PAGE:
Certainly, the history of the New York Times contains some very admirable and courageous moments--for example, publishing the Pentagon Papers in the face of government threats. But the Times also has a long record of silencing reporters and stories which might cause the government discomfort. The Times pulled a reporter out of Guatemala on the eve of the 1954 coup at the request of the CIA. In 1961, the Times sanitized and downplayed a story about the upcoming Bay of Pigs invasion at the request of President Kennedy. After the 1982 El Mozote massacre, the Times reassigned its El Salvador correspondent to New York under pressure from the Reagan administration. More recently at least one reporter for the Times withheld information about the CIA's use of U.N. weapons inspectors to spy on Iraq.

USA Today foreign editor Douglas Stanglin wrote to a correspondent:

"We have checked into the report and do not find it credible. We will continue to monitor the situation. If we find credible evidence, we will print. I should point out, in case the observer didn't, that the relaying of radio information (whether by the Chinese embassy or not) is frequently done and is not all that unusual. There are plenty of embassies and other sources that do the same thing all the time. So this is not a situation where the Chinese, if in fact they did that, are somehow the only lone operator here doing something of vital military significance. It makes a nice story that way, but does not reflect the reality of wartime situations. That, among other things, is what our Pentagon reporter has found which makes us not want to rush into some judgment that looks less compelling in the bright light of day."

Unlike Rosenthal, Stanglin says explicitly that he chose not to print the Chinese embassy story because his paper had looked into it and did not find the reporting credible. It is impressive that USA Today managed to see through a story that fooled the Frankfurter Allgemeine Zeitung, the London Times and the Globe and Mail. It is equally impressive that USA Today took less than five days to disprove a story the London Observer and Politiken spent four months reporting.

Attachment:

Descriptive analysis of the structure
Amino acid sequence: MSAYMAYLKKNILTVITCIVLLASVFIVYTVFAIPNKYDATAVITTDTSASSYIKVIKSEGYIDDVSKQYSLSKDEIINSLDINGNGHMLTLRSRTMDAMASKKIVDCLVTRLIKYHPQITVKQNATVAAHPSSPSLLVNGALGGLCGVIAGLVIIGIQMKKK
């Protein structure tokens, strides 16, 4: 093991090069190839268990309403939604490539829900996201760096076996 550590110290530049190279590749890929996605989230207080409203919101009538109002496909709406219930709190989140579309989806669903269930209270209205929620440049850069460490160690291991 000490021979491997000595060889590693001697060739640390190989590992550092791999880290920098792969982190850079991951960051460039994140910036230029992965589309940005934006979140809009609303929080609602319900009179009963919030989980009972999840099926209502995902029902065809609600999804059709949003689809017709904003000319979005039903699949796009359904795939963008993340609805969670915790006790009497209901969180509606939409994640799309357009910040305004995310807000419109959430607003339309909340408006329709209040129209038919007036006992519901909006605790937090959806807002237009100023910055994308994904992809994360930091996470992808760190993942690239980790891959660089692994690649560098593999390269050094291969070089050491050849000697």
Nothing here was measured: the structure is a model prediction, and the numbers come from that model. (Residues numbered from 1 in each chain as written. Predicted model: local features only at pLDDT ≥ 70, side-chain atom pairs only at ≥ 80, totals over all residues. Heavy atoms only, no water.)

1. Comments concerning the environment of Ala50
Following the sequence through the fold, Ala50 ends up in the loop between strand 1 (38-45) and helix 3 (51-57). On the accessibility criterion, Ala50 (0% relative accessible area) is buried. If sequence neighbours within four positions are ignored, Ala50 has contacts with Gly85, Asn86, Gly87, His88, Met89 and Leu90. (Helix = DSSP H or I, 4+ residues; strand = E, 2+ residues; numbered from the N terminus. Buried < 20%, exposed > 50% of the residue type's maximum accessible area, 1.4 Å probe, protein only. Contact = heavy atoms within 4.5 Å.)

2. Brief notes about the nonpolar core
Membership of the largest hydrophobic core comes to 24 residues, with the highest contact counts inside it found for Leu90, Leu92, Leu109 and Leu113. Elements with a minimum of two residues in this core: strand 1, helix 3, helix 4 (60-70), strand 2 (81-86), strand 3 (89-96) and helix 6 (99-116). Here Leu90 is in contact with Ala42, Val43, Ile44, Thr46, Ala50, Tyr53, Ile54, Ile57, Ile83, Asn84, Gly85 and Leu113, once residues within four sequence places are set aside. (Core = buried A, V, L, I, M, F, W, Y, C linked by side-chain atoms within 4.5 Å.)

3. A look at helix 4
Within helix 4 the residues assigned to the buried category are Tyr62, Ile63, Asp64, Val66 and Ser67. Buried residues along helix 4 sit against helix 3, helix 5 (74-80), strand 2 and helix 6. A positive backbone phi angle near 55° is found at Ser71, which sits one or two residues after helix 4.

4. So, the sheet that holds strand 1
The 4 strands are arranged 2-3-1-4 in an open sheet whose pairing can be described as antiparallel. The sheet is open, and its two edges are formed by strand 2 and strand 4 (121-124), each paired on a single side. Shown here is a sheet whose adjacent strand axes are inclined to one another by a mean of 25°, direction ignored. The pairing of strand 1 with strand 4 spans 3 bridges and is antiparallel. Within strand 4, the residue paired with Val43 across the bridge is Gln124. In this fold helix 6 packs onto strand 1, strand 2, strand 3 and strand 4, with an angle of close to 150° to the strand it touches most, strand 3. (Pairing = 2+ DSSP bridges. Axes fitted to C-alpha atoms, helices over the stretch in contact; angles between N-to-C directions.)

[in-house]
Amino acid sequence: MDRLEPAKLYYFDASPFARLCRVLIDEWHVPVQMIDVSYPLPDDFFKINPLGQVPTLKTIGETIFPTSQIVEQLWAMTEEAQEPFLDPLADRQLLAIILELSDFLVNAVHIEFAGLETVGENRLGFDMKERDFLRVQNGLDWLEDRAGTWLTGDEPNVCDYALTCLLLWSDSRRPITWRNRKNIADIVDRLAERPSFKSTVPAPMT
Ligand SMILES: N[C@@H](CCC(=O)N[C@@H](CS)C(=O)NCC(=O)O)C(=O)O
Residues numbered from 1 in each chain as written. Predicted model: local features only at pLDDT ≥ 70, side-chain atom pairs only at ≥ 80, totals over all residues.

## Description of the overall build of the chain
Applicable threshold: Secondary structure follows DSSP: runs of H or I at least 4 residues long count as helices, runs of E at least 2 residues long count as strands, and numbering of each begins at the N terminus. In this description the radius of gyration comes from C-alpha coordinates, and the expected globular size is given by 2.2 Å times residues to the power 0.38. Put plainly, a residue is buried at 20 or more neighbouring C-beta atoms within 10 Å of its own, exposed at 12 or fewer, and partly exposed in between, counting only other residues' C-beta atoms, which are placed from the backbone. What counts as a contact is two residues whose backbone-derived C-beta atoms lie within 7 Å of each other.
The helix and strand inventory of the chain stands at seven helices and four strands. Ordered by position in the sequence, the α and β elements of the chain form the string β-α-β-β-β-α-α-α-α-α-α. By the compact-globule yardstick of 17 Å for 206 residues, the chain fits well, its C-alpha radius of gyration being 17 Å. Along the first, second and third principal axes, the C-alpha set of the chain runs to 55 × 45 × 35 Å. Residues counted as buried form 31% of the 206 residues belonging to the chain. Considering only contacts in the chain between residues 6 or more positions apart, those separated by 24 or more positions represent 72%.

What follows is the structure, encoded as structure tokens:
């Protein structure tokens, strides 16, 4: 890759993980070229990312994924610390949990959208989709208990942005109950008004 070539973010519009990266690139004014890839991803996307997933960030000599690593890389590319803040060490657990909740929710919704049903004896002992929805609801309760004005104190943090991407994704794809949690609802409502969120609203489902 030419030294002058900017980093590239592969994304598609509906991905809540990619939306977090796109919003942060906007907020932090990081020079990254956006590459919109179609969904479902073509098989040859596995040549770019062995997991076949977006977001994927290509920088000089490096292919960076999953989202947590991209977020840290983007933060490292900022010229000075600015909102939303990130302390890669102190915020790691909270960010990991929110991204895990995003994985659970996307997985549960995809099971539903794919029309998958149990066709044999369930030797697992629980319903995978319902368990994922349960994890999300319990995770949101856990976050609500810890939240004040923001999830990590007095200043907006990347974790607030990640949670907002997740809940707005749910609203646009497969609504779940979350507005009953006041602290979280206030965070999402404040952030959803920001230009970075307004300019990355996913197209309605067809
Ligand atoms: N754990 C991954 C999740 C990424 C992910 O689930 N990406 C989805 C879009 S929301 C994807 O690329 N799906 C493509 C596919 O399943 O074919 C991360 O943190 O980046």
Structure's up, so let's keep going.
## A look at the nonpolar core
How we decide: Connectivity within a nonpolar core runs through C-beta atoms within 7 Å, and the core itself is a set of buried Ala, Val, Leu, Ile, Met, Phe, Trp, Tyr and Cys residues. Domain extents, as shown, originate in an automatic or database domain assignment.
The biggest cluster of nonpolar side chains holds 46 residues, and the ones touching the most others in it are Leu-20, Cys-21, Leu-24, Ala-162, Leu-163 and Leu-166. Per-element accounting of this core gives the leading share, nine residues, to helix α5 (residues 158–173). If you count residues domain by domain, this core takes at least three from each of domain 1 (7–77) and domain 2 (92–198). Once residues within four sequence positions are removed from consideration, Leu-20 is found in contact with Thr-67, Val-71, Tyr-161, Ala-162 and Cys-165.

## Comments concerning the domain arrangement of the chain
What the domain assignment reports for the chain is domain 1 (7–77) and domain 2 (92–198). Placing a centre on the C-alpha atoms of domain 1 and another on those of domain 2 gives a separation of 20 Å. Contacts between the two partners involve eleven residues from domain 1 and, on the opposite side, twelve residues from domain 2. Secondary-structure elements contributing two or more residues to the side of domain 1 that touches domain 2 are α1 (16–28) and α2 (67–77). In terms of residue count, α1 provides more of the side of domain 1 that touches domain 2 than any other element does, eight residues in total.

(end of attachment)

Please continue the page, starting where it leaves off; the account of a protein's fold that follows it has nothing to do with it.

But what is most striking about Stanglin's message is the new information he says his paper has uncovered. Apparently, USA Today's Pentagon correspondent has found that it is not unusual for embassies to relay radio military signals for their host country. "There are plenty of embassies and other sources that do the same thing all the time," Stanglin writes.

Stanglin seems to imply that during the Kosovo war, other embassies in Belgrade were providing the same assistance to the Yugoslav military that the Observer and Politiken's sources say prompted NATO to bomb the Chinese embassy. Of course, this does not disprove the Observer/Politiken story; there could be differences in the quality of the help provided by China, or political reasons why the U.S. would choose to strike at the Chinese embassy -- or not strike at other embassies.

But if Stanglin's assertion is true -- if his paper has evidence that other countries were militarily helping Yugoslavia in this way during NATO's bombing -- that is important news, and USA Today should publish it rather than simply relate the information to a reader in an e-mail communication.

Editors are frequently forced to make difficult decisions about which stories to publish and which to leave out. It is not uncommon for an important story to be overlooked by a newspaper or news broadcast. But FAIR does find it significant that U.S. media, broadcast and print, overwhelmingly ignored a story that put the U.S. government in a negative light, even while respected international media outlets afforded the story significant attention.